Tuesday, August 19, 2008

PSSA- Student not trying

On another post Wits-End wrote "What is the true scoop on PSSA results? A blogger on another blog asked what a 223.9% improvement meant? The first PSCC meeting should be an eyeopener when class and building results are talked about. The test is useless for many kids and does not reflect their abilities. I know kids who just fill in circles to get it over with and then they have MONTHS to wait to get caught. Hopefully the parents and teachers realize what the kid did in March or April and that they have coasted without guilt til the results hit the mailbox. I know. It is a character flaw. Maybe the polling method of "plus or minus" should be applied to the results. Anyway, I, errr, I mean the MOTHER has tried to take everything away from the child except his clothing, and it did not work. This kid just won't take the test seriously. His grades are not at all bad on his report card. Any advice would be welcome."

Is the child in high school, or in a lower grade? High school students already have so many tests that count for more- PSAT's, SAT's, subject matter SAT's, AP's, IB's, tests for class- that they may understandably focus on those tests. If a lower grade student- is the PSSA the only standardized test? Maybe an incentive (rather than a disincentive) would help, or an explanation that this practice is important to prepare for future tests that do really count for something.

3 comments:

wits-end said...

Thanks for trying to help with your response. The kid is now in middle school. The incentive plan worked a bit in early elementary school, but almost put me in the poor house. I still use incentives, but they work less and less. I have also paid tutors privately so his pals did not know he was getting extra help.

Anonymous said...

It sounds to me that your child has picked up on an eternal truth that all of us subject to the Pennsylvania System of School Assessment figure out sooner or later: the tests are as pointless as they are poorly designed and poorly administered.

As a former graduate of Schenley High School I was subject to the PSSAs a number of times, and, like your son, I completed maybe a third or a fourth of the test and then randomly filled in the rest of the bubbles numerous times. First of all, the test itself (at least at the high school level) is far below the level of any of the students that take it and riddled with grammatical errors of its own. If I remember correctly, the instructions of the test told us that "Everyone should do their best to complete the test as correctly as possible" (and for those of you who haven't taken the SATs in a while, everyone should do "his or her" best, not "their" best). Furthermore, by completing only a fraction of the test, I was able to receive proficient markings in all of the areas-which calls into question the grading of the tests in general. However, the most outrageous part was that to take the test we were pulled out of classes for two full days and forced to remain in the test rooms, without doing work, the entire day-whether we finished or not.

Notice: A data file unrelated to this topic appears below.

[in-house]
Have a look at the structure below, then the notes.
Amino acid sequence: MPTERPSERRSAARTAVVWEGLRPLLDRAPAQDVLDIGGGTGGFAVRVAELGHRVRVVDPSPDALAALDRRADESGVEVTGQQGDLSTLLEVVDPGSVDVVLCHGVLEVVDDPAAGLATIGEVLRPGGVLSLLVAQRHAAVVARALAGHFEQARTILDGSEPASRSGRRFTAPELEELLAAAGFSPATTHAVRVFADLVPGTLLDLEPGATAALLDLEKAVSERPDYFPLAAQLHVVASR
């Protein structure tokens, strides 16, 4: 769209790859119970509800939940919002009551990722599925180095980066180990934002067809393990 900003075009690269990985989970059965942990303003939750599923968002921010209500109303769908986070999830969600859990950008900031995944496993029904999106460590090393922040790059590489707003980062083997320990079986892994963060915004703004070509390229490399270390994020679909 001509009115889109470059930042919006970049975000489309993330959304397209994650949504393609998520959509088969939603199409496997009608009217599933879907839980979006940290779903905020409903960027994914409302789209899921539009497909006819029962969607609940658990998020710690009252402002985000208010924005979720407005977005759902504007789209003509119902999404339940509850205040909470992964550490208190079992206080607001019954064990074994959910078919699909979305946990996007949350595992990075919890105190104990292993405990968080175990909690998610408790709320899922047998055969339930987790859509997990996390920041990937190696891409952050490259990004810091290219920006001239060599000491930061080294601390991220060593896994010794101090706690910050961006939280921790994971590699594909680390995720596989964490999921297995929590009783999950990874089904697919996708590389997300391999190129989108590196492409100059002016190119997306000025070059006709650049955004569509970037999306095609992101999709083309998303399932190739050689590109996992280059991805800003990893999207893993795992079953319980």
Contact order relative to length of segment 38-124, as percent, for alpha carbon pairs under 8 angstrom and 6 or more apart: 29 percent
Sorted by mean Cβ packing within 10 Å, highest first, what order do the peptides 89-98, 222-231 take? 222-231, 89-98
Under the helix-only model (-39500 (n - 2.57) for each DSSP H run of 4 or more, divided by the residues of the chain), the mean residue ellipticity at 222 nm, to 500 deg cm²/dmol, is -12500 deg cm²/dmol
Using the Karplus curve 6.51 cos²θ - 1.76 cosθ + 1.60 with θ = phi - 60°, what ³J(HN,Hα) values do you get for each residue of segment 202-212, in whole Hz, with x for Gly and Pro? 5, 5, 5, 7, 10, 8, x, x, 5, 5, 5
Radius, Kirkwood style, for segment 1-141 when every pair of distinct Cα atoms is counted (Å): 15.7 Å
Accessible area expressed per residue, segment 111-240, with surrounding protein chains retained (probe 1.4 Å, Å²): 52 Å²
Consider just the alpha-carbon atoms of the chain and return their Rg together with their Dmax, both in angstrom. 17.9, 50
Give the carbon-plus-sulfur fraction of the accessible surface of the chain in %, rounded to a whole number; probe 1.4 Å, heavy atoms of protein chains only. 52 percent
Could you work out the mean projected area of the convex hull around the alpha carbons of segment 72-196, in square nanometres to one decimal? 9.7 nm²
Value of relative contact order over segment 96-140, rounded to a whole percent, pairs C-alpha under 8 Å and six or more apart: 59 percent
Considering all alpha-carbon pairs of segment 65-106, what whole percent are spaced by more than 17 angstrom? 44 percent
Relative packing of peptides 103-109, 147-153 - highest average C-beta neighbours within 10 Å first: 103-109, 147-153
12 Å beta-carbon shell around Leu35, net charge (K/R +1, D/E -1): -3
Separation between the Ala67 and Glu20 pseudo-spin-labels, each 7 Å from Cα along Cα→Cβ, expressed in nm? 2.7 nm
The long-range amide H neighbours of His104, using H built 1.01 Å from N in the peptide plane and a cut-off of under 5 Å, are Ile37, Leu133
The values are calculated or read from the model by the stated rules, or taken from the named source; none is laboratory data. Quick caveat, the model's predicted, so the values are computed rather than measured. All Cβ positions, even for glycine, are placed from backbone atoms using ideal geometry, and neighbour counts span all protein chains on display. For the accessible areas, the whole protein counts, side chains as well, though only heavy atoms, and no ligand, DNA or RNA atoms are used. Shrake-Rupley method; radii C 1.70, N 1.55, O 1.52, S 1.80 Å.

And, of course, it did not help incentivize me that the only point of these tests was to help cover up the incompetence of the Public School System at preparing us, its students, for actually important exams like the IB and SATs. (By issuing the PSSAs, the public school system is able to quote performance statistics from much MUCH easier tests than those mentioned previously and fabricate progress)

If your child has good grades and seems interested in school he is probably on to something by skipping the PSSAs, not down the path to delinquency; I would reward his ability to think for himself.

Finally, allow me to add that I am not categorically critical of all standardized tests; in fact, the only one I have a problem with is the PSSA. Even though I did not complete my PSSAs, I had no trouble motivating myself to score very well on both my SAT and IB tests.

The PSSAs are a shoddy product of bureaucracy and politics, not an objective way of measuring the merit of your child in anyway.

Good for your child.

Questioner said...

There do seem to be issues w/ the PSSA- many students proficent on Pennsylvania's test are not proficient on national tests. There are probably other things you could focus on that would be more likely to help your child to succeed in the long run. A helpful book is "What High Schools Don't Tell You" by Elizabeth Wissner-Gross.